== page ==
This article was originally published in “John Mariani’s Virtual Gourmet.”
By Geoff Kalish
Discovered in the United States by more than just the wine cognoscenti, a number of excellent, sensibly priced Sicilian reds, whites and rosés are now widely available across the country. In fact, while just a few years ago many restaurant wine lists lumped bottles from Sicily into a “Southern Italian” grouping or as “other,” these same eateries now provide far more than meager selections of vintages in a separate “Sicilian” category. And retail shops that once rarely carried more than a token bottle of Nero d’Avola, now offer shelves devoted to selections from the island. To gain insight into what the market has to offer, the NYC-based Wine Media Guild recently held a tasting of more than two dozen of these wines with lunch. The following are which I thought were the six best.
In general, I’m not a big fan of Italian white wines, feeling that many of them are very bland, one-dimensional products made so as not to offend the palate of even the least discerning consumer. On the other hand, of the nine whites offered, I found the 2014 Tenuta Rapitala Vigina Casalj Alcamo Classico DOC ($17) extremely enjoyable. Made from 100% Catarratto grapes (the most widely planted white varietal in Sicily), the wine showed a bouquet and taste of ripe peaches and pears with undertones of sage and a crisp finish, perfect to pair with grilled tuna and pasta with seafood.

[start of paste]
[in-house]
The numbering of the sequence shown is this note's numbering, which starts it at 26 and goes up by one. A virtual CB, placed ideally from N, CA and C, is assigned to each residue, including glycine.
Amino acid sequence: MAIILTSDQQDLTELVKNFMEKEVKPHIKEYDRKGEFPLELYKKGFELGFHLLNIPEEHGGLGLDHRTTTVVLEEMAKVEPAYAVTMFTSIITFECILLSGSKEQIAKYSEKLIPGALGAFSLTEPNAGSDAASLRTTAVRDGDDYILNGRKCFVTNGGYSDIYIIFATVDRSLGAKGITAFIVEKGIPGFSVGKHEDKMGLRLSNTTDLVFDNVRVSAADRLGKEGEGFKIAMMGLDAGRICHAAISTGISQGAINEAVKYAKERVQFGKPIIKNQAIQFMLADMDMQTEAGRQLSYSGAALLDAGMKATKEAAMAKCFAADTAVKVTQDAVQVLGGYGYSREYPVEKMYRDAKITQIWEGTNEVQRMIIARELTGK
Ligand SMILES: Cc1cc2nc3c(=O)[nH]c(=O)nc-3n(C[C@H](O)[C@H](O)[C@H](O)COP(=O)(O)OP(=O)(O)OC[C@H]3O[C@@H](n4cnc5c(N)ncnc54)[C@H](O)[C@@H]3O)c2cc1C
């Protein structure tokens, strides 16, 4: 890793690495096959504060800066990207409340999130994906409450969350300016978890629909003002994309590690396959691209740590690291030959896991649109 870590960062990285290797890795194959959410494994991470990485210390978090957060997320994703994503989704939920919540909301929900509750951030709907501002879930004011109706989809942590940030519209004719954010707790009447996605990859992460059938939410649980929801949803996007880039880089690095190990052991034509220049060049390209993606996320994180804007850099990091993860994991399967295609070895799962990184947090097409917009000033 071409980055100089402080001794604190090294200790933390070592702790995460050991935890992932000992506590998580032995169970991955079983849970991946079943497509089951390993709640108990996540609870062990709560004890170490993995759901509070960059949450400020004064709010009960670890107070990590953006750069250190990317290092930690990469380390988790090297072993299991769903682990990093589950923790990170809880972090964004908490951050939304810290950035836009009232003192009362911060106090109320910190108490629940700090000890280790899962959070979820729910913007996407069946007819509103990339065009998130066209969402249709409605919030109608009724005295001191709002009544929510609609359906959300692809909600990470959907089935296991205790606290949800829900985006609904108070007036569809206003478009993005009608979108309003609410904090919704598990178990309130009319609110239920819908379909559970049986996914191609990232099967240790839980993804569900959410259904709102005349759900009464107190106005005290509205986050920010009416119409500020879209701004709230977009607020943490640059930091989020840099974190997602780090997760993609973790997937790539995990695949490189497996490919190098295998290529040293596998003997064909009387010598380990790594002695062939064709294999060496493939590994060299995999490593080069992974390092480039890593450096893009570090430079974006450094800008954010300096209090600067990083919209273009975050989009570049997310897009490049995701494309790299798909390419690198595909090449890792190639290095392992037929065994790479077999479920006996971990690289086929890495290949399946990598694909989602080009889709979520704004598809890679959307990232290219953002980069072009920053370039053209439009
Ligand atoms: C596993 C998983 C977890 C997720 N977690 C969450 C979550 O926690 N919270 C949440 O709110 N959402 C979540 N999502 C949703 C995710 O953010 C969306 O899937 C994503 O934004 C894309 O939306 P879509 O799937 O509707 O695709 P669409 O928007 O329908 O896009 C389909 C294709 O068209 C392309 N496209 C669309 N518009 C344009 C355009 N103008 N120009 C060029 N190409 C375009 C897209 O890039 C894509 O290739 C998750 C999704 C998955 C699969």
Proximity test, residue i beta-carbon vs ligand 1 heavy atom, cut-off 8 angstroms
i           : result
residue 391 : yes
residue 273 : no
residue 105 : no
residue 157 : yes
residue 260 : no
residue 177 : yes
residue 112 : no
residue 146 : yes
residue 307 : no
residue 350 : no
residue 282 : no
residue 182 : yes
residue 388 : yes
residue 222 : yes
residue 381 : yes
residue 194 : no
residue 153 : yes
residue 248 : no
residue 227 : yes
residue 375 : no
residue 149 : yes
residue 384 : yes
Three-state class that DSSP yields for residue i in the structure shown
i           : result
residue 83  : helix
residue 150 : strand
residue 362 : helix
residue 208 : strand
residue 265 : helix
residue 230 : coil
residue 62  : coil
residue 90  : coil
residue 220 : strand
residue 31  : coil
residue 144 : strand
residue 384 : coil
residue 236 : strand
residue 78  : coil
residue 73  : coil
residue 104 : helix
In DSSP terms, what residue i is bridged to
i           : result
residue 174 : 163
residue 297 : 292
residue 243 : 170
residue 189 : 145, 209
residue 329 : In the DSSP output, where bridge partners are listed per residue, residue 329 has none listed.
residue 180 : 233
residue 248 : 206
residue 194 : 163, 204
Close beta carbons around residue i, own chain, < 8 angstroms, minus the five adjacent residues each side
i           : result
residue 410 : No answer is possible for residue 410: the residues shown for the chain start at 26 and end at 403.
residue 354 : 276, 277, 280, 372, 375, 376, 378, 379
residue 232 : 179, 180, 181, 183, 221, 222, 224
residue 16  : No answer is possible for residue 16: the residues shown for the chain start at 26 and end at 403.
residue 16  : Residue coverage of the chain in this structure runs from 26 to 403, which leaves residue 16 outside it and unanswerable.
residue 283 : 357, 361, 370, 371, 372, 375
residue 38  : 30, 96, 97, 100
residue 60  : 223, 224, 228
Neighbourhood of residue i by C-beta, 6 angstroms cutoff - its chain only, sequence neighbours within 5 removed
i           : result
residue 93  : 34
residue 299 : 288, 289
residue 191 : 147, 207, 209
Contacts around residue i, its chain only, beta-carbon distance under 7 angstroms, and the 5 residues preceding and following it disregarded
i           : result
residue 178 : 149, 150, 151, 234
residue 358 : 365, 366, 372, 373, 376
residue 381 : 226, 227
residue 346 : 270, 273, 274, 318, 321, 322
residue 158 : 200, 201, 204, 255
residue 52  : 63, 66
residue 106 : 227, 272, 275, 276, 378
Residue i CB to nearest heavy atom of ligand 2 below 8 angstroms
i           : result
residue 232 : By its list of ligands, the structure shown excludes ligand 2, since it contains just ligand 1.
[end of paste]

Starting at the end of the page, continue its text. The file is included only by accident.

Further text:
With so many too sweet, low-acid rosés (rosati in Italian) on the market, the 2015 Tasca d’Almerita Le Rosé di Regaleali Terre Siciliane ($13) was a welcome find. Made from 100% Nerello Mascalese grapes, the wine had a salmon pink color, a fragrant bouquet of ripe cherries and strawberries, with a fruity taste that was crisp and dry on the finish. This wine makes an excellent aperitif, but it also mates well with salmon or pork.
The four standout reds were from totally different Sicilian locales. The 2014 Planeta Cerasuolo di Vittoria ($23), from vineyards outside the town of Vittoria, showed a bouquet and easy-drinking taste of ripe plums and apricots, with a long pleasant finish. This wine goes well with a wide variety of fare ranging from steak tartare to grilled veal chops to pasta with red sauce.
The 2011 Palari Rosso del Soprano ($59) hailed from the Messina area and is a blend of primarily Nerello Mascalese grapes (60%) and smaller amounts of five other indigenous varietals. Albeit pricy, the wine is amazingly Burgundian in style with a bouquet and taste of plums and spice and a bit more oomph than many reds from the Côte d’Or but not as overwhelmingly fruity as a number of California Pinot Noirs. Try it with grilled beef or lamb.
A well priced 2014 Cusumano Nero D’Avola ($13), from vineyards in San Giacomo, exhibited a very fruity bouquet and concentrated taste of ripe blackberries and raspberries with a long pleasant finish. Pair this wine with hamburgers or pizza as well as dark-veined cheeses.
A 2010 Vivera Etna Rosso “Martinella” ($40), from the northest side of Mt. Etna —a blend of 80% Nerello Mascalese and 20% Nerello Cappuccio–-shows the great aging potential for this category of wine. It has a bouquet and soft taste of plums and strawberries interlaced with exotic spices and a smooth finish with a touch of tannin. Mate this wine with grilled pork chops, ripe cheeses or rich pasta Norma.
And those consumers who view Marsala as merely a cooking wine should try the Florio Targa Riserva Marsala Superiore Riserva Semisecco ($35 for a 500ml bottle) for a rich, sweet treat with flavors of dried figs and apricots and a vibrant acidity in the finish to enjoy with chocolate or mild cheeses.